One of the more inconvenient results of being the subject of a Red Notice is that your bank might break up with you. One of the more frustrating parts of that break up may be that the bank won’t say exactly why.
All financial institutions have their own policies (or should have them) regarding risk management practices. When a risk management department becomes aware that a customer has an existing Red Notice, it may decide that it no longer desires that person’s business, even if the customer is unaware of the Notice’s existence.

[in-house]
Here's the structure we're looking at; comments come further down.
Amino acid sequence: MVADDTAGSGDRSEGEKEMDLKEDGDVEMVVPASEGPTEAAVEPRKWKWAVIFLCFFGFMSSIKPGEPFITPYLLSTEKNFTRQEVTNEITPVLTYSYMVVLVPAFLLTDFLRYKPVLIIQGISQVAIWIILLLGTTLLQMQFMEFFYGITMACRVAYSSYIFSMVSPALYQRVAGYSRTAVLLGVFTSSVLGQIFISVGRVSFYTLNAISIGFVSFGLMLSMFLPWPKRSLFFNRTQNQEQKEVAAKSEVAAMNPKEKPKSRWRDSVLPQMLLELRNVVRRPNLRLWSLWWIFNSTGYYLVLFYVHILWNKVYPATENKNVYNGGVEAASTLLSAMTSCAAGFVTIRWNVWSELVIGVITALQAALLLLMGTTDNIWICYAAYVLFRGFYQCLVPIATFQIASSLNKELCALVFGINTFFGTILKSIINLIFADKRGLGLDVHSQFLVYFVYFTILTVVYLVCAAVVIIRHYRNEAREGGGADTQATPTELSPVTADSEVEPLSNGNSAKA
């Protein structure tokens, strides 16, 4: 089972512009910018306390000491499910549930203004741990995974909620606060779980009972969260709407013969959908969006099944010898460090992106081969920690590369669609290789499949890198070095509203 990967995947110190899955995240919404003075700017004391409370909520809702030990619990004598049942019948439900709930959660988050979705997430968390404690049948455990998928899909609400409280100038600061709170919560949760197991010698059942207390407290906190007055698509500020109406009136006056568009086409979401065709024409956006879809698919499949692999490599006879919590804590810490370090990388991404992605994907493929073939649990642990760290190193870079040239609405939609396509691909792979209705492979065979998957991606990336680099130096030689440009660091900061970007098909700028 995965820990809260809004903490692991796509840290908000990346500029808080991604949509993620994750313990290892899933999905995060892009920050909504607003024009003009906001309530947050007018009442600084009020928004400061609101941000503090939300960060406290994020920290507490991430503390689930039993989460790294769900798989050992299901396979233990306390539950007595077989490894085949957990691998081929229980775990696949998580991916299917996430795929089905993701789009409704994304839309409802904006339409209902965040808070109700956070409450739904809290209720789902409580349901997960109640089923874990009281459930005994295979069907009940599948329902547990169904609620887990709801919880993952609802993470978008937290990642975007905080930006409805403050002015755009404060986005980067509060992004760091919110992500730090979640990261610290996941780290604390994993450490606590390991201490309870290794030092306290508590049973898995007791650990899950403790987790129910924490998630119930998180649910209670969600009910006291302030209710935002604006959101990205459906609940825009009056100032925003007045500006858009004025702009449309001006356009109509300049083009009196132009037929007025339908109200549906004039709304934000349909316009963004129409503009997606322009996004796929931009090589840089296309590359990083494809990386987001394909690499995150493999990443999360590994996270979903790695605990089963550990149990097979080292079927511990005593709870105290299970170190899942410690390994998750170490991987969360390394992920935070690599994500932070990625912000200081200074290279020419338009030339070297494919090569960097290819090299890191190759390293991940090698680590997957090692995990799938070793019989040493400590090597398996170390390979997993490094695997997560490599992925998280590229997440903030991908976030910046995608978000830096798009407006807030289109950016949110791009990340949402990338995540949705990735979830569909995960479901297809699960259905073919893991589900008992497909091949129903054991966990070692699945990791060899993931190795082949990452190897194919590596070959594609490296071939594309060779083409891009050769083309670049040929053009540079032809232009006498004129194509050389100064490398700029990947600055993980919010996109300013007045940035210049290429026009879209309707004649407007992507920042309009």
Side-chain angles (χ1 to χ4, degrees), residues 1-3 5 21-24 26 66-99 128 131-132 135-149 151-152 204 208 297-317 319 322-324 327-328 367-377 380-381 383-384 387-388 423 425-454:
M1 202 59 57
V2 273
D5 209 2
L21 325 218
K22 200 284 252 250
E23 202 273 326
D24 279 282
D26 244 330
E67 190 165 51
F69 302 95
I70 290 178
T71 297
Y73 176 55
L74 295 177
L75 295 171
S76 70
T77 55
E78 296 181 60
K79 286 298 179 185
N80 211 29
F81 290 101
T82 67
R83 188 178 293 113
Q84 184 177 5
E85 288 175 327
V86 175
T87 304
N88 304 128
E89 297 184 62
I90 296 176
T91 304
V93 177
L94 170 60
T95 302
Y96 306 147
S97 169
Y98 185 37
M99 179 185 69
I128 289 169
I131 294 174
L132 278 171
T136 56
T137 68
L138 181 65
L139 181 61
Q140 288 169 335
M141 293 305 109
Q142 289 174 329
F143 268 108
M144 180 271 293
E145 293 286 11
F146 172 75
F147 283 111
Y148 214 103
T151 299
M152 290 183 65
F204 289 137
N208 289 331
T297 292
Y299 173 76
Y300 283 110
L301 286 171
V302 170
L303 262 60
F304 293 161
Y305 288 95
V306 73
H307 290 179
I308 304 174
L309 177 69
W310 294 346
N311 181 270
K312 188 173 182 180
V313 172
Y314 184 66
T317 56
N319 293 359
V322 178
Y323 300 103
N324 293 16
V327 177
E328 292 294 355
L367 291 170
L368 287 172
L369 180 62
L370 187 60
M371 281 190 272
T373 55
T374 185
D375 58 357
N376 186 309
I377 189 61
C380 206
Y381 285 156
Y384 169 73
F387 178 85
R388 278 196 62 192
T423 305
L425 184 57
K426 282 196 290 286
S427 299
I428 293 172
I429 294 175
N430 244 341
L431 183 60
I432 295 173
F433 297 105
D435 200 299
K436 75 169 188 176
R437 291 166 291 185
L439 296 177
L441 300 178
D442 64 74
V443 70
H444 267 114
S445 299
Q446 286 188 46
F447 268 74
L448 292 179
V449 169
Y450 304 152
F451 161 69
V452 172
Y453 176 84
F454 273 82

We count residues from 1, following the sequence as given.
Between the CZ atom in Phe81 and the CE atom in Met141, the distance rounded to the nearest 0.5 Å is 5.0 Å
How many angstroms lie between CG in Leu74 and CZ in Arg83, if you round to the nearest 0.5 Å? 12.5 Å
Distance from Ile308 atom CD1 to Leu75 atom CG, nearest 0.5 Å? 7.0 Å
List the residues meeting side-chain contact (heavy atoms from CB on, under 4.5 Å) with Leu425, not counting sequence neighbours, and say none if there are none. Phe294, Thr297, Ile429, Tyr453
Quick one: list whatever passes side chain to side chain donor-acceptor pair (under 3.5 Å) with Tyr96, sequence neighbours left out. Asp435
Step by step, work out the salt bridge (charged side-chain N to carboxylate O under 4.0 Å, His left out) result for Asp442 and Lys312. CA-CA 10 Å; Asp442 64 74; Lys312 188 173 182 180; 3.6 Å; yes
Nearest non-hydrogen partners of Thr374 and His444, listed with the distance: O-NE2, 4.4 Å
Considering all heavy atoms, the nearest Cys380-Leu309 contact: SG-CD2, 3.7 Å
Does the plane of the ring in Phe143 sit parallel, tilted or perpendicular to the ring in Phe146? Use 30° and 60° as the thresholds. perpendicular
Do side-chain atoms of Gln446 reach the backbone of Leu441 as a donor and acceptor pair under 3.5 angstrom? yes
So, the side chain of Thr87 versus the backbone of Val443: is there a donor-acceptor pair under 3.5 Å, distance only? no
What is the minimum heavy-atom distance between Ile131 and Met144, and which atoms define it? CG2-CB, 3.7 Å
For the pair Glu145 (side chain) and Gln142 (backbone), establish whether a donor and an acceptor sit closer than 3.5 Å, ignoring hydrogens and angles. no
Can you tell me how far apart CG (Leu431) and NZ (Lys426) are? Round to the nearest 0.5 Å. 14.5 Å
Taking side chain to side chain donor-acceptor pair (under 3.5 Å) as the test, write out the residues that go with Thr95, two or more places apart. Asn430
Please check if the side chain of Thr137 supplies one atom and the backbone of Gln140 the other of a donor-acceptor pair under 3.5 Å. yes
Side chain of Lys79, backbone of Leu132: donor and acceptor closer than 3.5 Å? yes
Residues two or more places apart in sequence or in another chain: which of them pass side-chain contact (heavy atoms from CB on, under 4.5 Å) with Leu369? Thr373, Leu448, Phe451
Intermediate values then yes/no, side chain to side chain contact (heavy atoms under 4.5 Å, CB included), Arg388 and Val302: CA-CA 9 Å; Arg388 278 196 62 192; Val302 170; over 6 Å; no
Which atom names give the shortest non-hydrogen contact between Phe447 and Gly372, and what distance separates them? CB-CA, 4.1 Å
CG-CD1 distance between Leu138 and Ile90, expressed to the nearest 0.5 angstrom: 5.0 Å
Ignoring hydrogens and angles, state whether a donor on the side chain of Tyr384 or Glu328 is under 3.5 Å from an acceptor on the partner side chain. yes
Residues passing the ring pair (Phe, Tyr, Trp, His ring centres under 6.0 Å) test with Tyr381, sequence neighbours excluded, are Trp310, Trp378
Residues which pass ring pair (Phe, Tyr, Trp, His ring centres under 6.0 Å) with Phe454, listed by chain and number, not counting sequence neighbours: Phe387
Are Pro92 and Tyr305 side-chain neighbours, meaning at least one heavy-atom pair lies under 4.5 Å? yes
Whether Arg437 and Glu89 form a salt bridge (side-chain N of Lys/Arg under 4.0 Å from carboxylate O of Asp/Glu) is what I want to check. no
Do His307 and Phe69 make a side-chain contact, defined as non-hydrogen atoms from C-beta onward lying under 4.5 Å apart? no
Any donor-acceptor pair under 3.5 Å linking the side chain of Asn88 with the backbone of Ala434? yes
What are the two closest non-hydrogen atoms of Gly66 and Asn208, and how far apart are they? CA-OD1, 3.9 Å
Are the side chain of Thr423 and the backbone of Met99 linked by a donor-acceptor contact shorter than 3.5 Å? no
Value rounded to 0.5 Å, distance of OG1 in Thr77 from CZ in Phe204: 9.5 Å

Given that all banks are different, it’s natural that their approaches to closing customer accounts differ. Some institutions may provide a specific reason for the closing of the account, while others simply refer to generalized “suspicious activity” as the reason. Still others advise from the very beginning of the banking relationship that they may close the account at any time for any reason, and they may do just that without saying more.
So what’s a Red Notice subject to do? If the reason for the account closure is not given, or if it is stated as being based on “suspicious activity,” it would be wise to begin the inquiry process to determine whether a Red Notice does exist, and if so, why it exists, and whether it should be challenged.
As always, thoughts and comments are welcomed.